Many people in recovery have suffered a unique trauma that was often a cause of their addiction. Usually, that trauma stems from childhood and the kind of massive adversity that can arrest mental, emotional, or physical development. One of the most sensitive populations where addiction is not uncommon are people who have been relinquished. Nancy Verrier, the author of The Primal Wound, has said, “Whether adopted from birth or later in life, all adopted children have experienced some degree of trauma. Trauma is any stressful event which is prolonged, overwhelming, or unpredictable.“
We know now that negative emotions stemming from trauma, such as depression, anxiety, or fear of abandonment, often lead to substance use. Numbing the emotional pain with drugs, sex, or food is a maladaptive way of coping for those of us who have never had the benefit of therapy. I believe it’s vital for mental-health professionals to understand the unique challenges that people who have been relinquished present when in treatment. There will be trust issues, there will feelings of powerlessness, feelings of loss of control, and problems with intimacy and relationships. A trust eroded so early in one’s life will take years of work to rebuild, and a therapist has to be aware of the challenges.
Sending a client to a 12-step meeting might not be the best idea if the person is struggling with identity loss and self-esteem. As helpful as they are, Alcoholics Anonymous meetings are often based on the “tough love” approach where telling a newcomer to “shut up and suit up” or calling their reasoning “stinkin’ thinkin'” is par for the course. And even if a person can abstain from alcohol as a result of going to meetings, it’s important to note the root of their commitment. If it’s fear-based (“if you don’t go to meetings you will relapse”), it won’t work in the long-run because it won’t do much to contribute to the person’s growth. The sense of inner conflict, guilt, and shame for not feeling it will prevail, and another identity crisis might be in the works. This is not conducive to any type of recovery. I know a lot of people who are sober from alcohol (they don’t drink), who go to meetings, and who are miserable in their recovery. They stay quiet about it because the general consensus is that being drug-free should make you instantly happy. But can you imagine the anguish of always having to be in conflict with yourself?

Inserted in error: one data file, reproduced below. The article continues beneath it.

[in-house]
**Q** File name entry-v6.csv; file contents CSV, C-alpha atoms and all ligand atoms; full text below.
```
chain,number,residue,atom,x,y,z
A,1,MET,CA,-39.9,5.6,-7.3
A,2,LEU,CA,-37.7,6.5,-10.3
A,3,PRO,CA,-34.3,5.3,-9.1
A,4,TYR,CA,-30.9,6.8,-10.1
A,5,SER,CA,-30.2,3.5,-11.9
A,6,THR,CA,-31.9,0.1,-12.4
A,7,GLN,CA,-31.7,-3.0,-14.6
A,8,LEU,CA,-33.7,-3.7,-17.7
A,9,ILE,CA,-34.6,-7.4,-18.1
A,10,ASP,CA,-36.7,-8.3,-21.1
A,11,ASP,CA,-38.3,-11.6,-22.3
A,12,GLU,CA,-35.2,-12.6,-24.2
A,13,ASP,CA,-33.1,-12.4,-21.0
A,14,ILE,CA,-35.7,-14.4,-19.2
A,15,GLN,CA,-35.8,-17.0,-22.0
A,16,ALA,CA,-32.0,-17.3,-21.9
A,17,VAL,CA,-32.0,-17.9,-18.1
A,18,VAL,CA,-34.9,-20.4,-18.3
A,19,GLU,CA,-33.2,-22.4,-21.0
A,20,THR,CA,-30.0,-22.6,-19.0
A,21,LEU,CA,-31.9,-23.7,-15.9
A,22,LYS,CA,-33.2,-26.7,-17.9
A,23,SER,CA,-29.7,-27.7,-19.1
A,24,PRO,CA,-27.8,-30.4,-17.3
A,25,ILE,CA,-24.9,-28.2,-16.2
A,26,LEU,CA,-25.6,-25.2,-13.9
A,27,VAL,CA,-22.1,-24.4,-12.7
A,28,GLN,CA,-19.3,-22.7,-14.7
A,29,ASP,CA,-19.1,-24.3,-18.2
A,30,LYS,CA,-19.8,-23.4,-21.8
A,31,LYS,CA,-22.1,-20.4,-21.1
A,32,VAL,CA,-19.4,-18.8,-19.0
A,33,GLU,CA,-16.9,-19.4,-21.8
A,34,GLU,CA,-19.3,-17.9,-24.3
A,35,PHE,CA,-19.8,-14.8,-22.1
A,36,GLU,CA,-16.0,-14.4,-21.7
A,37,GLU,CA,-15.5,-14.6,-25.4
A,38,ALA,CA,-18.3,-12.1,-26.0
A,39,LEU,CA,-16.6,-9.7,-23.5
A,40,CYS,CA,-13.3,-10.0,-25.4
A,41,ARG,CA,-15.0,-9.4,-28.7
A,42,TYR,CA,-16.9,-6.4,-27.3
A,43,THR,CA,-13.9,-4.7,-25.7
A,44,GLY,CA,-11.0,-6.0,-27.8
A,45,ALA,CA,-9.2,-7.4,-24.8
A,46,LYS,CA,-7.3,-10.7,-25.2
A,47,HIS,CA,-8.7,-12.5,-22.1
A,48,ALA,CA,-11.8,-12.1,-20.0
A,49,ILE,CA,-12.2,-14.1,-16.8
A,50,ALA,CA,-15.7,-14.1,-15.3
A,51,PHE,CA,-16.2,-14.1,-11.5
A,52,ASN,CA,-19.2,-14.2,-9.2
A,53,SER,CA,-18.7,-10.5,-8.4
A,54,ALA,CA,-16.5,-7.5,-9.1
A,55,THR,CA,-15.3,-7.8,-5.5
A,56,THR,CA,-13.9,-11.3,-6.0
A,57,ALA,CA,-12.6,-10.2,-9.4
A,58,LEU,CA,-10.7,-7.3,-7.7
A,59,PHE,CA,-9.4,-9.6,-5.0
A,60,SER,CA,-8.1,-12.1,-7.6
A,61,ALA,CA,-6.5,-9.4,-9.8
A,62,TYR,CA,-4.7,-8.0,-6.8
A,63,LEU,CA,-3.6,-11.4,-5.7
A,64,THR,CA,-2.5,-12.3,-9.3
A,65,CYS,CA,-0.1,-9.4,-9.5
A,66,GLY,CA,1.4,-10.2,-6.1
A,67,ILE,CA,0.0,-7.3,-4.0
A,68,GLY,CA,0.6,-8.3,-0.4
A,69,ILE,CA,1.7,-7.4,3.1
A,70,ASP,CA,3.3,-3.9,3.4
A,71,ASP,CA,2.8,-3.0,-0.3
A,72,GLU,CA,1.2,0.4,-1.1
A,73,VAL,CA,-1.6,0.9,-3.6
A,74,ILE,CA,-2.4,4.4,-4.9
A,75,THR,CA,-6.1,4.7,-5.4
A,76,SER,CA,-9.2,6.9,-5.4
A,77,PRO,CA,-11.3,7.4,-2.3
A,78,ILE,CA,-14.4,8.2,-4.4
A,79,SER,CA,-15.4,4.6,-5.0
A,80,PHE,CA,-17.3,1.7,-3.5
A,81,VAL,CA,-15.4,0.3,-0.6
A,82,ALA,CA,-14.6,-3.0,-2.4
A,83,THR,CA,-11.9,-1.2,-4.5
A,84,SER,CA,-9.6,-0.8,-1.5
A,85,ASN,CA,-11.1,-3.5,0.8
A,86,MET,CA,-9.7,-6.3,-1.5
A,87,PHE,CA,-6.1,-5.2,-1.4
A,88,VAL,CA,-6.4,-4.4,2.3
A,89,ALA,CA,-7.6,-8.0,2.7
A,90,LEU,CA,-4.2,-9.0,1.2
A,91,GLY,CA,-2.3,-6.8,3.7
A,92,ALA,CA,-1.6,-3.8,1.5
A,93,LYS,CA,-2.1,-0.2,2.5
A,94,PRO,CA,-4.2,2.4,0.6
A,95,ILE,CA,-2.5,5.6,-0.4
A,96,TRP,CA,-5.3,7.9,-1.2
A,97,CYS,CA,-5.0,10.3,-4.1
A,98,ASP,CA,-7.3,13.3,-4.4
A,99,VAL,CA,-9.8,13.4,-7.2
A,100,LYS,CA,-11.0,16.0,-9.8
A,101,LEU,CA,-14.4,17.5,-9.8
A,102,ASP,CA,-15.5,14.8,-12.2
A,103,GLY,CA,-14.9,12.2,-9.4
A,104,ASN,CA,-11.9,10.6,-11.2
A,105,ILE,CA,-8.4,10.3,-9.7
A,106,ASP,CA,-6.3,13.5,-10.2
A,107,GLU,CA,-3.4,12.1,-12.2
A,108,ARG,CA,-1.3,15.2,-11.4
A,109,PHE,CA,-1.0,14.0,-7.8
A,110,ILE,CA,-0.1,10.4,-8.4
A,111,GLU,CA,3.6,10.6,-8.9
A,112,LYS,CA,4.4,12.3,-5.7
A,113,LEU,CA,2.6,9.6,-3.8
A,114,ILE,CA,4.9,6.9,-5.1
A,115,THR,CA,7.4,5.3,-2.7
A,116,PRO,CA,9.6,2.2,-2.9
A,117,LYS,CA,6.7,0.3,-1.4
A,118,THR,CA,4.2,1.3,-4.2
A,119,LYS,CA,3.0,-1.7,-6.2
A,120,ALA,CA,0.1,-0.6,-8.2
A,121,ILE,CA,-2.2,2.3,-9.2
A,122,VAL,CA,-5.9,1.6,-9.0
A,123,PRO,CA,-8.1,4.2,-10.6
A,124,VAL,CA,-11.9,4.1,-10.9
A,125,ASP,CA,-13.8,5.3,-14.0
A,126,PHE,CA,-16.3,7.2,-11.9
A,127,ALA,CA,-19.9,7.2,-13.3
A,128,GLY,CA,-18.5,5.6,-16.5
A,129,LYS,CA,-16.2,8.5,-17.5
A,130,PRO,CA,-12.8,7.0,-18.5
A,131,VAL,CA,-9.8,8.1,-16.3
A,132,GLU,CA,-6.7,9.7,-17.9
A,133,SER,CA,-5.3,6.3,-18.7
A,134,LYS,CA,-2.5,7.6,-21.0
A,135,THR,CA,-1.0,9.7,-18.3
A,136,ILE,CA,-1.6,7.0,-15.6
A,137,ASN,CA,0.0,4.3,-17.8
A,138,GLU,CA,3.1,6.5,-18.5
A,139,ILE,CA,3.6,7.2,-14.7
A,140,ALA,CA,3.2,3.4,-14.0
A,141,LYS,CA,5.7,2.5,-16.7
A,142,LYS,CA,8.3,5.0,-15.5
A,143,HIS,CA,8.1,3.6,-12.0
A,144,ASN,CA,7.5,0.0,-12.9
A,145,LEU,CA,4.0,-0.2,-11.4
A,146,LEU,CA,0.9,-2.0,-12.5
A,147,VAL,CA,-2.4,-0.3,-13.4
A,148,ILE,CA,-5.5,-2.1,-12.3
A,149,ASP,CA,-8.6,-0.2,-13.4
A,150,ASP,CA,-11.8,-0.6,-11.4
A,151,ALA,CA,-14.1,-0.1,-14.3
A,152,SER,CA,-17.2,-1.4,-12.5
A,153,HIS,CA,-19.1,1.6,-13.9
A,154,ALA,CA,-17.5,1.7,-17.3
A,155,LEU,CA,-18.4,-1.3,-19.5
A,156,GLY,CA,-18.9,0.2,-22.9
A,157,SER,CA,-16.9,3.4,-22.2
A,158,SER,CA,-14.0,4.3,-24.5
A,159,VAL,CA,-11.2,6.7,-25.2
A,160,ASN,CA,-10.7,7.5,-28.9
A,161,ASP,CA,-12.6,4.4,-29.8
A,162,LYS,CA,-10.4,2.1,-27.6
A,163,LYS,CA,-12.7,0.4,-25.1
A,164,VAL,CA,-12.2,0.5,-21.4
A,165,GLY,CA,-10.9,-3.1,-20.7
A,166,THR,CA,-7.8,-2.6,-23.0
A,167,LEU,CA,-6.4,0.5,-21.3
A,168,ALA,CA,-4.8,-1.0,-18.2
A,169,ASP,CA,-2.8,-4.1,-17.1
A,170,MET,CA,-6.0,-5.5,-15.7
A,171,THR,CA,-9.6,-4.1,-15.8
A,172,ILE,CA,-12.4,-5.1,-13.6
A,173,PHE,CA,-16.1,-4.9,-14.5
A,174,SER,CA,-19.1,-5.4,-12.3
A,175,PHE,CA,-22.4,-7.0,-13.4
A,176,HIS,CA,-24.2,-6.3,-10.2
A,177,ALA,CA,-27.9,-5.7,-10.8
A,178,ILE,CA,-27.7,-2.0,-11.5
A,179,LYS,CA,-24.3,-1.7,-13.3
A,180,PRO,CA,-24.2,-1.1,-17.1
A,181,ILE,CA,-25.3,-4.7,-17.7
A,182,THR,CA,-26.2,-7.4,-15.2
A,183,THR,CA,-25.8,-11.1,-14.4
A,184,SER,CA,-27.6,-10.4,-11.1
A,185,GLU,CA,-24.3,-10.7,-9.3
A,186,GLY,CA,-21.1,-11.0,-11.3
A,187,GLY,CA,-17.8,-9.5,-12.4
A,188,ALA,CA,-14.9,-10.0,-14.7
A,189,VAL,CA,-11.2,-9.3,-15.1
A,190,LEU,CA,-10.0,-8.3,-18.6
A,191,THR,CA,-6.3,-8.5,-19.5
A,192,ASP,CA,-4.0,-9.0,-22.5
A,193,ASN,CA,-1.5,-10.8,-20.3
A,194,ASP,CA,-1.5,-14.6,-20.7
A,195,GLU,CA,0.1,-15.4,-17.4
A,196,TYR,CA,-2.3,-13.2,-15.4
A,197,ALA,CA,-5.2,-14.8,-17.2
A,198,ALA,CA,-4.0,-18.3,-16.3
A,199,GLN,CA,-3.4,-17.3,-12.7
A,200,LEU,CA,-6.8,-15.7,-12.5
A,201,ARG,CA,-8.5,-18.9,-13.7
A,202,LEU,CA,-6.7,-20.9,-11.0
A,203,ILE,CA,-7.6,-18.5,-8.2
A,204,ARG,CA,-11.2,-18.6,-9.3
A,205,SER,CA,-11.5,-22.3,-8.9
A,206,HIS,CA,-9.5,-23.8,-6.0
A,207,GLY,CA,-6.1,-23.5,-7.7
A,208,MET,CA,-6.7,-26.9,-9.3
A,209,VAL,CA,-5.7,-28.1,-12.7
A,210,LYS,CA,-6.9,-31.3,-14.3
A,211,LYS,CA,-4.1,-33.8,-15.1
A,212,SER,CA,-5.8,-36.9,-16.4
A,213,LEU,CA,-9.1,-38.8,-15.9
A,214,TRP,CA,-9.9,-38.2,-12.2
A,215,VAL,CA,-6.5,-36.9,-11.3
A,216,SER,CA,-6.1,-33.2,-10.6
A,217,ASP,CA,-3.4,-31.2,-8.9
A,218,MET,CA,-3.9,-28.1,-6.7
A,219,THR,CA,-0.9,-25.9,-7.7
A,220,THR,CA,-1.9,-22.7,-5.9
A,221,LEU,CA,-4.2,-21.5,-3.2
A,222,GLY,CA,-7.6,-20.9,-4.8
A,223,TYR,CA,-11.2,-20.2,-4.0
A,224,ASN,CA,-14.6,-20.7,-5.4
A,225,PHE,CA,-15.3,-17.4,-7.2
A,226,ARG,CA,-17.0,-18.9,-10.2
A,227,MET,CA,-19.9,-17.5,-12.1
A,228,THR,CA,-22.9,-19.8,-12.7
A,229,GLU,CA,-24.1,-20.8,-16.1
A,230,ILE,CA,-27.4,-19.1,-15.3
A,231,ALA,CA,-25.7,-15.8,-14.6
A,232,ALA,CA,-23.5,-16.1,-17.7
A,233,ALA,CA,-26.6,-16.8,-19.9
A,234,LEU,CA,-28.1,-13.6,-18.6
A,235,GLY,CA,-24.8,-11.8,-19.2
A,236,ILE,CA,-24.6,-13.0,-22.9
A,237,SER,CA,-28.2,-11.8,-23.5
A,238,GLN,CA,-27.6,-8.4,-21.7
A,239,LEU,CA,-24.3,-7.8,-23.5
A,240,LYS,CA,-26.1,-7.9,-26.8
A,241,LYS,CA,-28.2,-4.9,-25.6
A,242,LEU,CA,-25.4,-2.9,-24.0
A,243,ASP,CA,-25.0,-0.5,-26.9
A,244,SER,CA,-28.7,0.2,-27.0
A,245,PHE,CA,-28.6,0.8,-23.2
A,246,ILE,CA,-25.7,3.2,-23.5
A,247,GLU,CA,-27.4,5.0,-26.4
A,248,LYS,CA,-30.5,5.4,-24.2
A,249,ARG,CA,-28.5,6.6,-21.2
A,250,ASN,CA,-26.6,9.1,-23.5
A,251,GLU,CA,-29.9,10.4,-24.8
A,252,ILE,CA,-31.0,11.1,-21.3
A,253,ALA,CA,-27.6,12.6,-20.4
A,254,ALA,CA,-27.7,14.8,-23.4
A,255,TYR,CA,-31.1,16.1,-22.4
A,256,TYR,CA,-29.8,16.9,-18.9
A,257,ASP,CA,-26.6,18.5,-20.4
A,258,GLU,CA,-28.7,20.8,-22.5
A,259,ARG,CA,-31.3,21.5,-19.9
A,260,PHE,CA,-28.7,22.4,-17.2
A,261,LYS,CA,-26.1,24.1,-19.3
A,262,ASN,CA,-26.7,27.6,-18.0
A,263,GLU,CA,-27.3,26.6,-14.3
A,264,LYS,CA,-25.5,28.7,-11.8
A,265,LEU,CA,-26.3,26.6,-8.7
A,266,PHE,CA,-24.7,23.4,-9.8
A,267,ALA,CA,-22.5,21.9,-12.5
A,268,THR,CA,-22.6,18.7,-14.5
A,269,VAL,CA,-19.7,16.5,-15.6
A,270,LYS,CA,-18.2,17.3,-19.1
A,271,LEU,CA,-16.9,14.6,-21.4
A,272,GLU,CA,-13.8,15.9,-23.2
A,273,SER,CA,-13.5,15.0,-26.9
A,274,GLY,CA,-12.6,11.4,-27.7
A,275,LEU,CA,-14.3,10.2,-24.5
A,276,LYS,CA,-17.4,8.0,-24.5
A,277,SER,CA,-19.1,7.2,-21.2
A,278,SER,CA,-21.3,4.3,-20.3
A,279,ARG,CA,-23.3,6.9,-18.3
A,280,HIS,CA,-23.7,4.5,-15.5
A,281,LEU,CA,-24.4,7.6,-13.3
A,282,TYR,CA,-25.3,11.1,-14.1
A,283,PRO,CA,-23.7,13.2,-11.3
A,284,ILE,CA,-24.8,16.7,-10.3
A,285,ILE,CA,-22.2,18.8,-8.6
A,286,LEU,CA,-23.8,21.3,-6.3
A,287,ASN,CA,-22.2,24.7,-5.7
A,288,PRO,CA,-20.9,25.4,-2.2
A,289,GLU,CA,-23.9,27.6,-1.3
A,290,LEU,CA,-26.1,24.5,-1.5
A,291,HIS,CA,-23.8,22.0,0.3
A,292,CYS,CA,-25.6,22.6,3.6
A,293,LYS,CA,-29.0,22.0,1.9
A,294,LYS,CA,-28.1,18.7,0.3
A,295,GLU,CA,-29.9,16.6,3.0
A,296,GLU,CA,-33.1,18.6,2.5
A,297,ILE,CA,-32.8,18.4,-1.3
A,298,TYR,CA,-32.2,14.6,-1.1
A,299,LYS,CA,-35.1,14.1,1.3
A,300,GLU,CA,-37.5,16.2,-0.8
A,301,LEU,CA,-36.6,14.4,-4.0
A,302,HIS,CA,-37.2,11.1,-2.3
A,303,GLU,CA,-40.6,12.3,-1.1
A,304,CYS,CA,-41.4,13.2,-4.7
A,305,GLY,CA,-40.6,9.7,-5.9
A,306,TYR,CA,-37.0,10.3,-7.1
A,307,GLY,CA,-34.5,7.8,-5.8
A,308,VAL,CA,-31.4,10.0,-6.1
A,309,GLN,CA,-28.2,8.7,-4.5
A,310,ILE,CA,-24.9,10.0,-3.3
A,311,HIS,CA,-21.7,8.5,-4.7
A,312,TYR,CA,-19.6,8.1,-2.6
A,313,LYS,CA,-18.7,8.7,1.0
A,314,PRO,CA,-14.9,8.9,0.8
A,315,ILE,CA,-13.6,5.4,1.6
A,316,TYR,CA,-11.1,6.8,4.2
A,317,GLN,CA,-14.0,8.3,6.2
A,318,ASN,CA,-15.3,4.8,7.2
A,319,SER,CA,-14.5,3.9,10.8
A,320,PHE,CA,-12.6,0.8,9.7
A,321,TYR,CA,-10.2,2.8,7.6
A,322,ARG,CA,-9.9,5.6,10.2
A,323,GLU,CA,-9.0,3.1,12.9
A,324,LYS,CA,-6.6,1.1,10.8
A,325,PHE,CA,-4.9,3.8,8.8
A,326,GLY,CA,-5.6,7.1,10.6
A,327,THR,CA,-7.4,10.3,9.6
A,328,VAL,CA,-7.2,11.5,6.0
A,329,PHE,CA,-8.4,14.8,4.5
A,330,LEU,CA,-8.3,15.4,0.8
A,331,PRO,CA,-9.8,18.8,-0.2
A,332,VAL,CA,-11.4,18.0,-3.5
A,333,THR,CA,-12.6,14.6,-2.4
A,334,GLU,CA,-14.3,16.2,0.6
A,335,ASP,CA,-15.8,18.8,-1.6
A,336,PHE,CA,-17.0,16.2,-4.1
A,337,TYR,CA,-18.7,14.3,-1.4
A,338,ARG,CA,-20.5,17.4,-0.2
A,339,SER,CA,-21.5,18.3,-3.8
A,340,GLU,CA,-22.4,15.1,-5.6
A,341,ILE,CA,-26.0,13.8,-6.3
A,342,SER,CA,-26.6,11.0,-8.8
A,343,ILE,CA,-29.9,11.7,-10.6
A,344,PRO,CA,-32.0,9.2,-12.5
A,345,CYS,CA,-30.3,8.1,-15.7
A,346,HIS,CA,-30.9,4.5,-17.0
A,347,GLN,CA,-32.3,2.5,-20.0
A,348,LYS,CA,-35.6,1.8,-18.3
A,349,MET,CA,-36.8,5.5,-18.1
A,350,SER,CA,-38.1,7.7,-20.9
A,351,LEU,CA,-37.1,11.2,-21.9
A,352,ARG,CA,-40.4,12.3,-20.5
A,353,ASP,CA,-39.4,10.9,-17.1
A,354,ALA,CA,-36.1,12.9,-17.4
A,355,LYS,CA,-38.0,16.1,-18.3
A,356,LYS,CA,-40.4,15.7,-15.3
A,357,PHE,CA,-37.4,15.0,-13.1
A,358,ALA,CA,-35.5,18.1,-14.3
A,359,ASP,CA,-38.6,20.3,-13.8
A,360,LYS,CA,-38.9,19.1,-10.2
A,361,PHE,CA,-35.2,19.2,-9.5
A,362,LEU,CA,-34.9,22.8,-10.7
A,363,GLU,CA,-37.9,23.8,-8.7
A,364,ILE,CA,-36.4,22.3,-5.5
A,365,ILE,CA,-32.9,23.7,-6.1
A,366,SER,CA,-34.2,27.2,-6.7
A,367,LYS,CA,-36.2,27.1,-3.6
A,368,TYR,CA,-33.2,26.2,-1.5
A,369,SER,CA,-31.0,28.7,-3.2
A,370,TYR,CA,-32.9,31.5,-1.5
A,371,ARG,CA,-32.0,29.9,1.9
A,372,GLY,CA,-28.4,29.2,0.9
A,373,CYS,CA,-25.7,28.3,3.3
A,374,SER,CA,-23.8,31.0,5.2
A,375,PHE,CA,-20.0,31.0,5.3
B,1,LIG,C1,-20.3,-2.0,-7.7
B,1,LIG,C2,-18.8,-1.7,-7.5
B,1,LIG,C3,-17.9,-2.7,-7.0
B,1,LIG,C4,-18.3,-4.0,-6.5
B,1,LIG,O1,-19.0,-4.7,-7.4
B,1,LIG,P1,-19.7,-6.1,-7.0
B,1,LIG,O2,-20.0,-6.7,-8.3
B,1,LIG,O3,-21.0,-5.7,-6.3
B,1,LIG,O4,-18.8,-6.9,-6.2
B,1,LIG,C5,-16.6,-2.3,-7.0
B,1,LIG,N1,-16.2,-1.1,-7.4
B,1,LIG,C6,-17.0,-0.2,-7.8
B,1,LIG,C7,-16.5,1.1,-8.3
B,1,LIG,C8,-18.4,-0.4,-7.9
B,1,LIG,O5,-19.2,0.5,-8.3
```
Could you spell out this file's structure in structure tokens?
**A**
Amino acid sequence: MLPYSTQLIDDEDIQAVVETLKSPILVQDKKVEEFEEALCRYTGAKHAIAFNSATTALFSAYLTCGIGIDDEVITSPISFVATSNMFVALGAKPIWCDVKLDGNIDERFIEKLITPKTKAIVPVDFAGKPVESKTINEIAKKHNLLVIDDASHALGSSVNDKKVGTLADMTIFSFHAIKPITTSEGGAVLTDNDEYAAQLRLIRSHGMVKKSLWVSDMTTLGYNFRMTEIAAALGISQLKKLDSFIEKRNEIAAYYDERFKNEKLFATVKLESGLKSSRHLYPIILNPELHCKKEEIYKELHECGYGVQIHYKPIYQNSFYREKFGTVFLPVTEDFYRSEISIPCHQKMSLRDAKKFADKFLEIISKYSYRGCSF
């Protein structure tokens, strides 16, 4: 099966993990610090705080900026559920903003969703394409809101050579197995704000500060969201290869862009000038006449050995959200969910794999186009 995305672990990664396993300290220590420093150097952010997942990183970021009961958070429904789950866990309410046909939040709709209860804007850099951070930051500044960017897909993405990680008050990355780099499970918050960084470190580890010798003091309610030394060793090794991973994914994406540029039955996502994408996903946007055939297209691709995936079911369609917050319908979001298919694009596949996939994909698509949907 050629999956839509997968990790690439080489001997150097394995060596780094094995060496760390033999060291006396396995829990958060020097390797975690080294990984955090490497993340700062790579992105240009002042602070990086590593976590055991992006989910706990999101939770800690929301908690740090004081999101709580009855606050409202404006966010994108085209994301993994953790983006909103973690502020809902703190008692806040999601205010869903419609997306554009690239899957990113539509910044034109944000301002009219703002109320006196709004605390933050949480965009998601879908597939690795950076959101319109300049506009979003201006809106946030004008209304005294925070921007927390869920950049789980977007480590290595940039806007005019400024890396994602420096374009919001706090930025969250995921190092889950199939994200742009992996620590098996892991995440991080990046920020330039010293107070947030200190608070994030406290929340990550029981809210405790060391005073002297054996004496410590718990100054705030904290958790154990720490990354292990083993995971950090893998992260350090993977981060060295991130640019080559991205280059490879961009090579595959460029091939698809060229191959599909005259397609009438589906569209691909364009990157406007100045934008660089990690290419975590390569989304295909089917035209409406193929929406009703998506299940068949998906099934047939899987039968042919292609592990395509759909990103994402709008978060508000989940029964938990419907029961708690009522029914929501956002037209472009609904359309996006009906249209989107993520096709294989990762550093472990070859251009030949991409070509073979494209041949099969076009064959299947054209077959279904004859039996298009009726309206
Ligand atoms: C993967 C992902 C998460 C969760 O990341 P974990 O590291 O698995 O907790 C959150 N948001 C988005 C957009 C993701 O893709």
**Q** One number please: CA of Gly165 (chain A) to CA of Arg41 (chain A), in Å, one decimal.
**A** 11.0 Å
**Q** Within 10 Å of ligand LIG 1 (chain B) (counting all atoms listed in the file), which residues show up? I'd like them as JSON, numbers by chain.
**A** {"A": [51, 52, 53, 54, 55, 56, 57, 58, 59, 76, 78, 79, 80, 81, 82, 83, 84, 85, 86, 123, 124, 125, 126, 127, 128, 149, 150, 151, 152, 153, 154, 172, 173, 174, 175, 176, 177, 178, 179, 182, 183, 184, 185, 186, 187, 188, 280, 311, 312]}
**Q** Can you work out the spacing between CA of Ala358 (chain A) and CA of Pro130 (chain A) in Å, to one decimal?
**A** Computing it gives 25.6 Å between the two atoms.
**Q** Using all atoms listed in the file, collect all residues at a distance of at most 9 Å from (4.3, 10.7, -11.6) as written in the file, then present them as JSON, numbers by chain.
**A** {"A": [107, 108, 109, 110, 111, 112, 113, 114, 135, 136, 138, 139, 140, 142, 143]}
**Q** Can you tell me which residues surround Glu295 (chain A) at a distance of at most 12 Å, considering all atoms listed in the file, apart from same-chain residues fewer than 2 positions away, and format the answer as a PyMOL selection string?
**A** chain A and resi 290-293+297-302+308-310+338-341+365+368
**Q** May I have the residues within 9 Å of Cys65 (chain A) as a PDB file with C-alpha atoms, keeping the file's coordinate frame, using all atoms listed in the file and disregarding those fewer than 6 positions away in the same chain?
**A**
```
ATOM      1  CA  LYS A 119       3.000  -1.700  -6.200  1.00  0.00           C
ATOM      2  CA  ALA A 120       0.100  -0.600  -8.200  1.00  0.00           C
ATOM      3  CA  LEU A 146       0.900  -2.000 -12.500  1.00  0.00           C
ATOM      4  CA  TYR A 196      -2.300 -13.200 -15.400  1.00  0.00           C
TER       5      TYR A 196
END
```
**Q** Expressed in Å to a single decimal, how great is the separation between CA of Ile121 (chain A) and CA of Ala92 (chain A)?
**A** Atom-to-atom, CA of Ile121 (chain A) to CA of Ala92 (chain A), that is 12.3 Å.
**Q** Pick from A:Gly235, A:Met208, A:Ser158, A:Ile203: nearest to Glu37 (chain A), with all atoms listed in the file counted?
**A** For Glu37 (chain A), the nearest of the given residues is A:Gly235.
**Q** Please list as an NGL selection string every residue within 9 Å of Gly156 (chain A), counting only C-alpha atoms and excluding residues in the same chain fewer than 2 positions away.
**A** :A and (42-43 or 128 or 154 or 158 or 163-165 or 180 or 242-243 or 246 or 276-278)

Sending a client to a 12 step mutual aid group might be beneficial in many instances, but it’s imperative that a therapist understands how 12-step programs work, and that the client is able to talk about her experiences with it freely and without judgment. These groups should be seen as a recovery tool, not the only way to recovery.
Of course, there are other issues when it comes to working with people who have been relinquished. A counselor herself has to understand the sensitive nature of therapy and the fact that its success is based on honesty. A client who hides her truth, who is worried about pleasing their counselor and who is unable to talk about her issues with addiction, will not benefit from therapy. Patience, respect, and compassion are crucial when dealing with someone who suffers from the double-whammy that is addiction and relinquishment. Having a client with those kinds of challenges is a unique opportunity to develop a practice that honors and celebrates people who haven’t been able to thrive elsewhere.
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